Get our verdict and best best for the Olympic Games
Get our verdict and best best for the Olympic Games

Olympics bets: Preview, tips and analysis ahead of Tokyo 2020 athletics events

Rory Jiwani looks ahead to the athletics at Tokyo 2020, where he has a strong fancy in the men's 1500m and is looking to oppose favourites elsewhere.

Tokyo 2020 betting tips: Jul 29-Aug 8

1pt Akani Simbine to win men’s 100m at 10/1 (Unibet)

1pt Shericka Jackson to win women’s 200m at 7/1 (BetVictor)

2pts Steven Gardiner to win men’s 400m at 7/2 (Unibet, William Hill)

5pts Timothy Cheruiyot to win men’s 1500m at 4/5 (Ladbrokes, Coral)

1pt Sandi Morris to win women’s pole vault at 6/1 (Ladbrokes, Coral)

2pts Mariya Lasitskene to win women’s high jump at 6/1 (Ladbrokes, Coral)

1pt Wojciech Nowicki to win men’s hammer at 6/1 (BetVictor)

Sky Bet odds | Paddy Power | Betfair Sportsbook

For many people, including myself, athletics is the highlight of any Olympic Games. There’s also plenty to look forward to on the betting front with a number of short-priced favourites to take on. Mondo Duplantis, Yulimar Rojas and Ryan Crouser are not among them.

I didn’t have a strong view on the men’s 100m for a long time. Trayvon Bromell has been the standout this season and he should be favourite. While I’d really like to see him win after his stunning comeback from injuries and mental health issues, I think he can be beaten.

Bromell has the two best times of the year but they have both come on fast tracks. His 9.77 in Miramar, Florida can’t be taken at face value as Marvin Bracey, who clocked a PB of 9.85 in the second heat, hasn’t broken 10 seconds anywhere else this season. Kyree King ran a PB of 9.97 that day and hasn’t gone sub-10 before or since. Similar can be said of the US Trials where the sprint times for men and women were clearly quicker than average.

He’s odds-on in most places with a bit of even money about. Ronnie Baker was second in the trials and a general 5/1 which isn’t a bad price. But I’m really taken by AKANI SIMBINE who has drifted to a very backable 10/1. The South African has been consistently quick this season and won at this month’s Gyulai István Memorial in Hungary, pulverising a decent field in 9.84. It was only when I saw those odds on offer with Unibet that I really started to delve into the race properly.

He was beaten by Baker in Monaco three days later with Bromell suffering his first defeat of the season. What puts me off Baker is that he has never previously run in a major global competition while Simbine has just missed the podium at the last two Worlds and at Rio 2016 where he was fifth. Most of the runners who have finished in front of him - Usain Bolt, Christian Coleman, Justin Gatlin - aren’t about. One who has, Andre de Grasse, hasn’t been in great form over 100m. I think Simbine will be right in the mix and he’s a big price to take gold.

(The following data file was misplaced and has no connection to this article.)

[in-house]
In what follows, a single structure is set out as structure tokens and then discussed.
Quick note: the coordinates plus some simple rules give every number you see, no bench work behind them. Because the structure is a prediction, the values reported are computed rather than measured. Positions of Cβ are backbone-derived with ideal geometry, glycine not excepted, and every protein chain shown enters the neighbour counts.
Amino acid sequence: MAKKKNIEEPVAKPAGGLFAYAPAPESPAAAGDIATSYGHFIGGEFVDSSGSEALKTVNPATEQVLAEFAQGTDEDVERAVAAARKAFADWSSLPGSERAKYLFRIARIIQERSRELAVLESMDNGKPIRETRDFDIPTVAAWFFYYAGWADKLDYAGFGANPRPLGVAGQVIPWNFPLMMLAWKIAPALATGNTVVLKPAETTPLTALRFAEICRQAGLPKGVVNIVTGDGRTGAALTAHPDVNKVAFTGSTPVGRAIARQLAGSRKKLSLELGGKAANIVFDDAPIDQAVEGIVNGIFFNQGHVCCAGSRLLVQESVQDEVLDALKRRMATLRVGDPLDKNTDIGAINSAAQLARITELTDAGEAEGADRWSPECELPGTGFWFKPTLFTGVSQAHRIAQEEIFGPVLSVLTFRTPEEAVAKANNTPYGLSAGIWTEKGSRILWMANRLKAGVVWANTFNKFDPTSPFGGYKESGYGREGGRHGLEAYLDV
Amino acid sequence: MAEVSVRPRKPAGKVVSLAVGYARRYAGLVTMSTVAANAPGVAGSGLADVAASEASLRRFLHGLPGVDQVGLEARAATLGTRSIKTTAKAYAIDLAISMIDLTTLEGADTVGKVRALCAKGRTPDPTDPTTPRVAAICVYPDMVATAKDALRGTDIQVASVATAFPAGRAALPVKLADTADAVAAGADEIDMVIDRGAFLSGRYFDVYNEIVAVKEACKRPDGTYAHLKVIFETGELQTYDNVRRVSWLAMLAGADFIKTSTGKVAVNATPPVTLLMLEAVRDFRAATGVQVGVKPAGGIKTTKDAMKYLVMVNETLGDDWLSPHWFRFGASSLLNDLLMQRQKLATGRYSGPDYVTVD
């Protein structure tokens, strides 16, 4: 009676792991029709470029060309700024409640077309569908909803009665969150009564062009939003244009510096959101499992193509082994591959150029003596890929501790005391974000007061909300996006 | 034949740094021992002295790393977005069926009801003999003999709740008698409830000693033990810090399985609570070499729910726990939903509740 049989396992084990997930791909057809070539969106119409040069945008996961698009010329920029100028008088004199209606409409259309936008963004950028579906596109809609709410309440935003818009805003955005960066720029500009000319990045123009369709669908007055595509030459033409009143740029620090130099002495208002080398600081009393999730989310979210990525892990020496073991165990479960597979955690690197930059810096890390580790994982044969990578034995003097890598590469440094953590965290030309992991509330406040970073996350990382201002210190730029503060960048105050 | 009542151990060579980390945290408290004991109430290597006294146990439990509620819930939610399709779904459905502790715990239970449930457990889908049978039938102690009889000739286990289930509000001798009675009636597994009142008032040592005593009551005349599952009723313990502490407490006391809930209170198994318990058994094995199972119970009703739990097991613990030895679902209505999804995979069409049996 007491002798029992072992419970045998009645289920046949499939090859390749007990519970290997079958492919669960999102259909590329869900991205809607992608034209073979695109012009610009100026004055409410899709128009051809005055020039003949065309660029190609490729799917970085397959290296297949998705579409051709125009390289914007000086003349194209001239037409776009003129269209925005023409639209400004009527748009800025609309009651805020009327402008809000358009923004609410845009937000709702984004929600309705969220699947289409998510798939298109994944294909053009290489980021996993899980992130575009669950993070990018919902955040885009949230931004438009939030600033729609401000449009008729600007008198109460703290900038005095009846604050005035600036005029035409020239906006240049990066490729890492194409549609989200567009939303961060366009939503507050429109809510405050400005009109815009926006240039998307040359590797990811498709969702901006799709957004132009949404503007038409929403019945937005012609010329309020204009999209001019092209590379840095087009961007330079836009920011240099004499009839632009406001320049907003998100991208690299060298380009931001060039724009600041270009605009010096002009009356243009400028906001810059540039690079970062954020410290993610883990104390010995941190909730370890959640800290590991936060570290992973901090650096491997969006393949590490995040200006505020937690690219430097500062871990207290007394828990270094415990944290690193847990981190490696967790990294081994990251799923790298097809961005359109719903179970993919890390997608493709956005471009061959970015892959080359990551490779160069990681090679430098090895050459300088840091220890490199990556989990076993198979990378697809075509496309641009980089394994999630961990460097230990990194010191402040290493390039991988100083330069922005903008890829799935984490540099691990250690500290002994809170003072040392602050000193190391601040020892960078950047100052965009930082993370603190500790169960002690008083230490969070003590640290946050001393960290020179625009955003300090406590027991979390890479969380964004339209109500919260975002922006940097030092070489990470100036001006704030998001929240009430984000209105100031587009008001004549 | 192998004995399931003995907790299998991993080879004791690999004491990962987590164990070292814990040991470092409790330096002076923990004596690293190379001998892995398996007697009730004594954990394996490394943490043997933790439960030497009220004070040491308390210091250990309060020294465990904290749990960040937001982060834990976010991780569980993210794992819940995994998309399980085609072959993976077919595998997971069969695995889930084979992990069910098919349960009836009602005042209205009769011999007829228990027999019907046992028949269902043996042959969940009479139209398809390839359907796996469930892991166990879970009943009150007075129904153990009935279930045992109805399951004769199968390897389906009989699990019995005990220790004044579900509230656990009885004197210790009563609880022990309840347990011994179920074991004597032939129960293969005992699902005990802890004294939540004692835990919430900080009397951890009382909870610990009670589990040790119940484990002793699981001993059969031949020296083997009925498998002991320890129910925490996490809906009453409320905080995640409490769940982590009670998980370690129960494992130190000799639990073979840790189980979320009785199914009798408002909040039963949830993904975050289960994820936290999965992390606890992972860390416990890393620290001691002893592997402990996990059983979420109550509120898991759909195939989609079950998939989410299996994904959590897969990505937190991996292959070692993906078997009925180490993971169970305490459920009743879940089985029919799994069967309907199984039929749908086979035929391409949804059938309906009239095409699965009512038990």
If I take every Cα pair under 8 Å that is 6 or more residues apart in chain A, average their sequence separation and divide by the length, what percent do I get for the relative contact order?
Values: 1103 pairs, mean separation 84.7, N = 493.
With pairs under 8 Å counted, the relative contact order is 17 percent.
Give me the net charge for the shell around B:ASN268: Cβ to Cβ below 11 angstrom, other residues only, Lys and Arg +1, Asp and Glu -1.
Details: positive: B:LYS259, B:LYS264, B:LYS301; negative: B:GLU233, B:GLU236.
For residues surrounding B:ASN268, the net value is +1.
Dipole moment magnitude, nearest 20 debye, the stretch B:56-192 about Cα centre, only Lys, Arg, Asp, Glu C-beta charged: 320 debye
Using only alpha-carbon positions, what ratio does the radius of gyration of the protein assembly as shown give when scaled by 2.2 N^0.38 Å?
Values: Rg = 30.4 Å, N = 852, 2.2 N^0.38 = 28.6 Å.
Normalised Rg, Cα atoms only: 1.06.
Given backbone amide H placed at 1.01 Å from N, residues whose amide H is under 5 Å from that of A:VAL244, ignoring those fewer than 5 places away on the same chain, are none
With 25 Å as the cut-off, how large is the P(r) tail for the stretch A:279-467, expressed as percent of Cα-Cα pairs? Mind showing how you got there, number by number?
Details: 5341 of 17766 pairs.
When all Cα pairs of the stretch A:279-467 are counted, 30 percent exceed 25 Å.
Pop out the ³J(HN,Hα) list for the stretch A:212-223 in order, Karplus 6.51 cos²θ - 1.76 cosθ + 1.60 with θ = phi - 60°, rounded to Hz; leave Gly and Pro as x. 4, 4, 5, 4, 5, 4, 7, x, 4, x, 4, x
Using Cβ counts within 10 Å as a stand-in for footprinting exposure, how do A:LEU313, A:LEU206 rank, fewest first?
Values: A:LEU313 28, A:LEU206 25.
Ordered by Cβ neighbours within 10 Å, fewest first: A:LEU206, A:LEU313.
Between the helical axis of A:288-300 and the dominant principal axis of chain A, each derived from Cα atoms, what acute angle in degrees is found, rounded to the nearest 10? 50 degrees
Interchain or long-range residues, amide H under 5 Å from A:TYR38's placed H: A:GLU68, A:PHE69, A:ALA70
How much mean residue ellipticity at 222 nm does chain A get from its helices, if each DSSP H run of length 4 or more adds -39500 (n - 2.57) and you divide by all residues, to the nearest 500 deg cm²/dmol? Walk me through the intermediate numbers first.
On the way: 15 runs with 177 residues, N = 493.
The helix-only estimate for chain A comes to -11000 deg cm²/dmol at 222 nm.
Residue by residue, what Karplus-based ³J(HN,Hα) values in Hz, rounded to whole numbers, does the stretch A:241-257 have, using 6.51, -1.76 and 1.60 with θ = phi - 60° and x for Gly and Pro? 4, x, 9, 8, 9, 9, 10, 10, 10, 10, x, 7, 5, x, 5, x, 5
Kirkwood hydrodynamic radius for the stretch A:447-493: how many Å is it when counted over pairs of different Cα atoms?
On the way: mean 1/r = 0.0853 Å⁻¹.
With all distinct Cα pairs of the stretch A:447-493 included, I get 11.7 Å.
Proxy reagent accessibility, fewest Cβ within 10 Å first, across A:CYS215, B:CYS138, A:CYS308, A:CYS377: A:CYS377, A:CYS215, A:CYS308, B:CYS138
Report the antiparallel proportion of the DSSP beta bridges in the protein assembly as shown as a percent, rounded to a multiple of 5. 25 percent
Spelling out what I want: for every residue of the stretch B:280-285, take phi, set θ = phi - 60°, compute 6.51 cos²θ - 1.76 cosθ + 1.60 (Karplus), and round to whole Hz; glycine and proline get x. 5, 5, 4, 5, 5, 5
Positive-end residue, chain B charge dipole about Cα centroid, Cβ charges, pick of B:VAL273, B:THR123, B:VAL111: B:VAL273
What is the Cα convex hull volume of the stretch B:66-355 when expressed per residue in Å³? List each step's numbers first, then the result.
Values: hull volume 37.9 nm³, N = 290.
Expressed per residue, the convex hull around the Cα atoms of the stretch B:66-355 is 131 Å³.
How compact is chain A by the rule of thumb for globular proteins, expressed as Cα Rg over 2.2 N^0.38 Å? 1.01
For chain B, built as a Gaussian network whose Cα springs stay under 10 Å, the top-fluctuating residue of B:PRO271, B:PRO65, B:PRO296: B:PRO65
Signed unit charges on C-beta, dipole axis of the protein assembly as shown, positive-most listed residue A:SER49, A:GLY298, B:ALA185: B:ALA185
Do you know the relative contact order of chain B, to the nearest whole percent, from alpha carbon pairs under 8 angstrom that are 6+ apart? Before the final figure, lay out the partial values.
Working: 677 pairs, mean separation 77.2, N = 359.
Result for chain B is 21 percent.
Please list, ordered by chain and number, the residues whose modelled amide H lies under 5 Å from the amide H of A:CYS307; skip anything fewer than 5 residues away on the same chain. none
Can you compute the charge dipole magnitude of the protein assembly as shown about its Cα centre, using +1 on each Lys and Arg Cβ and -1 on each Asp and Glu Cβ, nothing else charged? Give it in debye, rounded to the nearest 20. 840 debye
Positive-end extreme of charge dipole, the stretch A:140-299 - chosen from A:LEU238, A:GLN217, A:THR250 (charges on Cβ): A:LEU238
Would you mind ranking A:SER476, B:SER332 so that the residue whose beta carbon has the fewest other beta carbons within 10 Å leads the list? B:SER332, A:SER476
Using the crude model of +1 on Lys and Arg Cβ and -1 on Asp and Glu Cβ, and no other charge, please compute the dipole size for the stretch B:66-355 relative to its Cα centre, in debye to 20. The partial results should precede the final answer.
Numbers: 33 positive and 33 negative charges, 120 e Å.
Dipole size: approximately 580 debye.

The women’s 200m is a very interesting race and there’s always the chance of withdrawals with Shelly-Ann Fraser Pryce and reigning champion Elaine Thompson-Herah running the 100m. So is Dina Asher-Smith but her best chance is in the 200m where she is, of course, the current world champion.

Six months ago I’d have said Shaune Miller-Uibo was a cert for this but she hasn’t been at her best over this distance this term and I suspect she’ll opt to defend her title in the 400m which looks an easier race. The warm favourite is Gabby Thomas who came from nowhere to win the US Trials in a new world lead although bear in mind what I said earlier about those times.

Thomas had not even looked like a contender to make Tokyo at the start of the season and her second fastest time in history in Eugene was something of a shock. She is seriously lacking in big-race experience and has only competed a handful of times abroad including just one Diamond League meeting. At 6/4, she has to be taken on.

For whatever reason, Asher-Smith has run just twice over 200m and this puts me off backing her for gold. But SHERICKA JACKSON has run consistently well this season with her only defeat over half a lap coming to Fraser Pryce in the Jamaican trials. Jackson won 400m bronze at Rio 2016 and two other bronzes from the World Championships over one lap, but concentrating on the shorter sprint has really paid dividends.

She clocked a personal best in the Jamaican trials and backed that up with victory in the Stockholm Diamond League followed by a second sub-22 run to beat Miller-Uibo in the aforementioned Gyulai István Memorial. At 7/1 with BetVictor, I’m definitely a backer.

Shericka Jackson
Shericka Jackson looks value in the women's 200m

Michael Norman is odds-on for the 400m but that was also the case at the 2019 World Championships where he tamely went out in the semi-finals. Maybe it was down to fatigue in an unusually long season or injury, but it was a strange turn of events and one which would make you think more than twice about backing him at a short price.

STEVEN GARDINER took advantage in Doha and I think he’s primed to win another major global title and perhaps complete a Bahamian 400m double. He was quite superb at the Worlds and I’m not even sure Norman at his best would have beaten him that day.

Norman has run some quick times this season but the fastest man in the world this year is Randolph Ross who clocked an incredible 43.85 at the NCAA Championships a week before the US Trials held on the same track. Ross was third at the trials having not had too much time to recover from his stellar performance, and that will surely be a factor in Tokyo. Bryce Deadmon is the other American qualifier but I don’t think the US trio is as strong as it looks. Reigning champion Wayde van Niekerk has been troubled by injuries all season, while London 2012 hero Kirani James doesn’t look the force of old.